The proposed law makes stalking an offence, with a maximum penalty of a fine up to $5,000 and/or imprisonment for up to a year.
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Proposed anti-harassment law to cover online bullying
By Ian Poh
SINGAPORE - A wide-ranging law targeting both online and real-world harassment, including cyber bullying and stalking, will be tabled in Parliament next Monday.
The new Protection from Harassment Bill will bring current anti-harassment legislation under one roof, and expand it to cover online behaviour as well.
Sexual harassment in and out of the office will be included, along with stalking, which is being introduced as an offence. The proposed law will also cover some acts which originate overseas.
Not only will there be tougher sanctions for offenders, who can be ordered to seek treatment at the Institute of Mental Health, but victims are also given new remedies with the proposed Bill.
They include court protection orders which require harassers to stop doing anything to cause further harm. Victims can also ask the court to order the removal of offending material online, or make offenders put an alert highlighting the inaccurate parts.
Wednesday's announcement by the Law and Home Affairs ministries on the Bill came just over three months after Law Minister K. Shanmugam unveiled plans by the Government to clamp down on such anti-social behaviour.
Last November, he highlighted a 2012 Microsoft study of 25 countries which said Singapore had the second-highest rate of online bullying behind China among young people aged eight to 17.
A government poll last October also showed more than 80 per cent here believed online harassment was a serious issue and that there should be tougher measures to deal with it.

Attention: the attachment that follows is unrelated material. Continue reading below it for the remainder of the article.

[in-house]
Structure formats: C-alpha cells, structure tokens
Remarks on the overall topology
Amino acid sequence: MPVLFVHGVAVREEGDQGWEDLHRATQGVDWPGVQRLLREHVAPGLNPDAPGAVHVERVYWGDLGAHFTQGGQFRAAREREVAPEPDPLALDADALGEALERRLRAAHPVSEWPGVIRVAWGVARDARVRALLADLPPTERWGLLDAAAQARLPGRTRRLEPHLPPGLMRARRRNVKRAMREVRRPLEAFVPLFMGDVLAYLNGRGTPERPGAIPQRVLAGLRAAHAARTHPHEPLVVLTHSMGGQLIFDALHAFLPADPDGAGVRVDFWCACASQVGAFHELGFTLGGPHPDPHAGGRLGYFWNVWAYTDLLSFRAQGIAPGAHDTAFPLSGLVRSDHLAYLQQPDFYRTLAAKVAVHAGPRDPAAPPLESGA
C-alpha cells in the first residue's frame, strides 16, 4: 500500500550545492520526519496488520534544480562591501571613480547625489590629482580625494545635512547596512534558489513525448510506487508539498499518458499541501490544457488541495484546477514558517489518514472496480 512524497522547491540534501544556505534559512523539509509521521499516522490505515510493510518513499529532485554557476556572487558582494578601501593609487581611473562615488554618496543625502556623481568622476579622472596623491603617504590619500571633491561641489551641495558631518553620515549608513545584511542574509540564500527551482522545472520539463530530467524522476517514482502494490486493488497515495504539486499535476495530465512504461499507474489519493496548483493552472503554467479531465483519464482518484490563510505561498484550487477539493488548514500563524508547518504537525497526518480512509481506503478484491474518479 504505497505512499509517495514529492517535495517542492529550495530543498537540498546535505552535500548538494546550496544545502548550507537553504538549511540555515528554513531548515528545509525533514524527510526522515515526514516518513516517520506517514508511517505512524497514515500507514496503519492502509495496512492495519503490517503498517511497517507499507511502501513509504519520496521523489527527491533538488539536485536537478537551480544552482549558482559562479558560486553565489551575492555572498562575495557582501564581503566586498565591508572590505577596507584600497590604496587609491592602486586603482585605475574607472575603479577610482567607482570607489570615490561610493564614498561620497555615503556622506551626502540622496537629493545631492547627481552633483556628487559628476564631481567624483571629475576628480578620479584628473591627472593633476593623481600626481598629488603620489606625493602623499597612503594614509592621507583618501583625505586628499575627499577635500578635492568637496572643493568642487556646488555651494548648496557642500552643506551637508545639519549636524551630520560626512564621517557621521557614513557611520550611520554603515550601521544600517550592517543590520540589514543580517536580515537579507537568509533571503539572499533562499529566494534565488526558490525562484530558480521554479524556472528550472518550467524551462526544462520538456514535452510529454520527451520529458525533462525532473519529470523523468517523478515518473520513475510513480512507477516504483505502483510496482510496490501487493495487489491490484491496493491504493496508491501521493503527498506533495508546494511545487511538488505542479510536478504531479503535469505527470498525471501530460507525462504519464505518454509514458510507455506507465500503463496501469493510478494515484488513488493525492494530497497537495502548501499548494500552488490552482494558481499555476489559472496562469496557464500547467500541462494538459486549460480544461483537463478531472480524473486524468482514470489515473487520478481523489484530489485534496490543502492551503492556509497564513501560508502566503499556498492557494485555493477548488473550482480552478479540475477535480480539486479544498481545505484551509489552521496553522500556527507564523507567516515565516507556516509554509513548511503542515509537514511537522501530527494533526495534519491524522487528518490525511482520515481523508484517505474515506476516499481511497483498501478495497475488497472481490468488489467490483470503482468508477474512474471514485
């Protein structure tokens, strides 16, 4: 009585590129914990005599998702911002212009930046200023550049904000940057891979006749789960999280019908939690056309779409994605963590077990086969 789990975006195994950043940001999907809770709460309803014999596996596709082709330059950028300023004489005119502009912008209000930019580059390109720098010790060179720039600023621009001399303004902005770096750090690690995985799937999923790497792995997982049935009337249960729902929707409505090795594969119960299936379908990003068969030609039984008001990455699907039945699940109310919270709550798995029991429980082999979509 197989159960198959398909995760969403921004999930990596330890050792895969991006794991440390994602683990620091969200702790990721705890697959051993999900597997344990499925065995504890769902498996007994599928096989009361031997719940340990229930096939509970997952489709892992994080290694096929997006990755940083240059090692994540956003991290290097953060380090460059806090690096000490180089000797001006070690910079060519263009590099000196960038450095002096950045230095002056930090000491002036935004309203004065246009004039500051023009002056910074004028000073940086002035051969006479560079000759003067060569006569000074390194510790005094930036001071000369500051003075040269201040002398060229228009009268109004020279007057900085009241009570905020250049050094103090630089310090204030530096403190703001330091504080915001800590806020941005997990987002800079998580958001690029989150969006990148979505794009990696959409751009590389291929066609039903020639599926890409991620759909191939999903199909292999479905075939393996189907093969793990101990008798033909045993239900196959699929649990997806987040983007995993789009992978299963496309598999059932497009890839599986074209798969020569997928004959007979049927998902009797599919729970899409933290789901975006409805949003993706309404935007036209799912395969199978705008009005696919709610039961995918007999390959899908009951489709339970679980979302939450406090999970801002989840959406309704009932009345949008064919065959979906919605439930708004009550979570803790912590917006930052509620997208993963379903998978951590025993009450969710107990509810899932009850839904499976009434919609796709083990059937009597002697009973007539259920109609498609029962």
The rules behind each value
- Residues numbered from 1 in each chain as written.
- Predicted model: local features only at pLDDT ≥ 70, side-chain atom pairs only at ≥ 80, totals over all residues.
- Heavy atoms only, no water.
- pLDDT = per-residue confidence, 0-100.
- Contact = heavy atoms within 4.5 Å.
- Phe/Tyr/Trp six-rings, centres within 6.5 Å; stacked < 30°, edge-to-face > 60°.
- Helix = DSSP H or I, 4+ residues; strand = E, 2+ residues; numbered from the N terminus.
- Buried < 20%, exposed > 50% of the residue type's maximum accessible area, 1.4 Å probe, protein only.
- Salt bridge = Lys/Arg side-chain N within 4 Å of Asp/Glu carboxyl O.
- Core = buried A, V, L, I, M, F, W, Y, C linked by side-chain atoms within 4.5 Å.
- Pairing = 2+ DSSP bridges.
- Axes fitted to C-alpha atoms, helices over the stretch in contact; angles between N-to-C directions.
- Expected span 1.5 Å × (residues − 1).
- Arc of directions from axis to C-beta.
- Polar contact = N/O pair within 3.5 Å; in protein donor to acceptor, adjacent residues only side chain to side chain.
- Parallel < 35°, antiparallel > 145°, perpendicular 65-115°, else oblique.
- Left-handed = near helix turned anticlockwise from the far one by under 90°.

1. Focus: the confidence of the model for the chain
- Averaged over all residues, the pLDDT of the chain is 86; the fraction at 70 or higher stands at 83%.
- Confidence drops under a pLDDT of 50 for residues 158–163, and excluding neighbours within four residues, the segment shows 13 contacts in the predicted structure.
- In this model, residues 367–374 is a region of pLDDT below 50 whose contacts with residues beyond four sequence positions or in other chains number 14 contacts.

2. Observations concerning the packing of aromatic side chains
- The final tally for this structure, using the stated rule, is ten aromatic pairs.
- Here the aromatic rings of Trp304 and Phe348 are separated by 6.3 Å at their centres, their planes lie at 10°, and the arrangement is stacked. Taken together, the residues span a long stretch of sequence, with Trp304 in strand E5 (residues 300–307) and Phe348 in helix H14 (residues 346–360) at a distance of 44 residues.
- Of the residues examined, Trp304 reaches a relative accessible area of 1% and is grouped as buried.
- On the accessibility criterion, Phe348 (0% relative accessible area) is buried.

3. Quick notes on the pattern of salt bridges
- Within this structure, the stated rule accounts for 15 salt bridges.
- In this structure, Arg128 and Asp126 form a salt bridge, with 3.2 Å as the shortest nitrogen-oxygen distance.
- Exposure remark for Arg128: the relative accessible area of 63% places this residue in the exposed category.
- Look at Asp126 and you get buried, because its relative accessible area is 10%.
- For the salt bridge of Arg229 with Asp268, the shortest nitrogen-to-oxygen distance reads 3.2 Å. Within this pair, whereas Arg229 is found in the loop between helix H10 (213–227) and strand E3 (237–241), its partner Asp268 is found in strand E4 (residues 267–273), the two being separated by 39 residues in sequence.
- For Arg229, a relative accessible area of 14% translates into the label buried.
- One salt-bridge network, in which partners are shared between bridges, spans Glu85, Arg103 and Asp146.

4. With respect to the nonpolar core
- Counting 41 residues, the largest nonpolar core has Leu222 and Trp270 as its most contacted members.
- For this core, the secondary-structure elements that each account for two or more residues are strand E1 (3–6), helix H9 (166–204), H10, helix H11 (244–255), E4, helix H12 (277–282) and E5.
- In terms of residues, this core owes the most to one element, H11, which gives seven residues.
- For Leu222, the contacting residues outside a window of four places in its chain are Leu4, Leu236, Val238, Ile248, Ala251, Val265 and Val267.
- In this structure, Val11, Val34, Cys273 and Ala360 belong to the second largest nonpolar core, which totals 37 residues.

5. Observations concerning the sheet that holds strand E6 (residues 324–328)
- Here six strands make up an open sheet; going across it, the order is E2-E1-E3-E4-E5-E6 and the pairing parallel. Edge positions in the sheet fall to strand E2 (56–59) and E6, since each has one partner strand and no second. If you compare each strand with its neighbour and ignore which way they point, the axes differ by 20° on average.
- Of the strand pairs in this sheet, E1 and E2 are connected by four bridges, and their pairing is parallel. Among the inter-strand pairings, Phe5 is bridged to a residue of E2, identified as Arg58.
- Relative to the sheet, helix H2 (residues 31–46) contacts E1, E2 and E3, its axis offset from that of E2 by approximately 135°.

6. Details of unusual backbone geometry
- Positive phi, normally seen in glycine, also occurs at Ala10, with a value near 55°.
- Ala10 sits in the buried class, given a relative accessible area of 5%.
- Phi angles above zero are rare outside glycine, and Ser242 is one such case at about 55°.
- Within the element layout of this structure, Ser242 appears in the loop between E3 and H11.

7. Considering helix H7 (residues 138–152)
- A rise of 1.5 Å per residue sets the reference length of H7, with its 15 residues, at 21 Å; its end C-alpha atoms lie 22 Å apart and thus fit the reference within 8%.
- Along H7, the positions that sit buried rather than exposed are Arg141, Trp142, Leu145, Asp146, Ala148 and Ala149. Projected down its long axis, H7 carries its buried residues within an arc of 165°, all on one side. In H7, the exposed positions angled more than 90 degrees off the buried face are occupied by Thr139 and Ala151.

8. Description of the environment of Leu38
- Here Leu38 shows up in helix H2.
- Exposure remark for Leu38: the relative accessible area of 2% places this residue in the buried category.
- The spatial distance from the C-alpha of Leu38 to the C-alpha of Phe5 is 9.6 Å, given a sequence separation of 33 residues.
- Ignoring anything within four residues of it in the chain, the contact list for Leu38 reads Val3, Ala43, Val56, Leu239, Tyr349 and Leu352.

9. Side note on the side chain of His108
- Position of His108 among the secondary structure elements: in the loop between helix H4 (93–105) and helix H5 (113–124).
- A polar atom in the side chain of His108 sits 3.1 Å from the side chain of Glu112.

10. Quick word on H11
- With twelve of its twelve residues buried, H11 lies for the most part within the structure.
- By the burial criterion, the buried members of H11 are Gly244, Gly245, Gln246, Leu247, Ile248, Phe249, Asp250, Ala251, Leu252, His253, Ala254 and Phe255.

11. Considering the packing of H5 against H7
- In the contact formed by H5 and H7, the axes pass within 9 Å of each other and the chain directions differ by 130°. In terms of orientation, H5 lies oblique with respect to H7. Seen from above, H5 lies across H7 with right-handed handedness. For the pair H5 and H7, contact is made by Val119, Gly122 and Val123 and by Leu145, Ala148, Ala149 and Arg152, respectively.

Other countries which have enacted specific laws to protect people from online harassment include Britain and India.
MP Hri Kumar Nair, who is also chairman of the Government Parliamentary Committee for Home Affairs and Law, welcomed the new Bill, saying traditional laws do not take into account the harm that could be caused through the Internet.
"This is a step in the right direction," he said.
Lawyer Abraham Vergis, who is on the Law Reform Committee's sub-committee for harassment, added that the Bill improves "access to justice".
Other provisions in the anti- harassment Bill include extending protection to workers who deliver essential services, such as public health care and transport.
The Law and Home Affairs ministries said on Wednesday that they consulted extensively with stakeholders, including women's group Aware, the Singapore Children's Society and lawyers of harassment victims, in coming up with the Bill.
Assistant Professor Goh Yihan of the National University of Singapore law faculty said the legislation helps victims as it consolidates protection "scattered" across various legislation, such as the Miscellaneous Offences (Public Order and Nuisance) Act and Criminal Procedure Code.
But the effectiveness of the new Bill, he added, lies in educating victims on its provisions.
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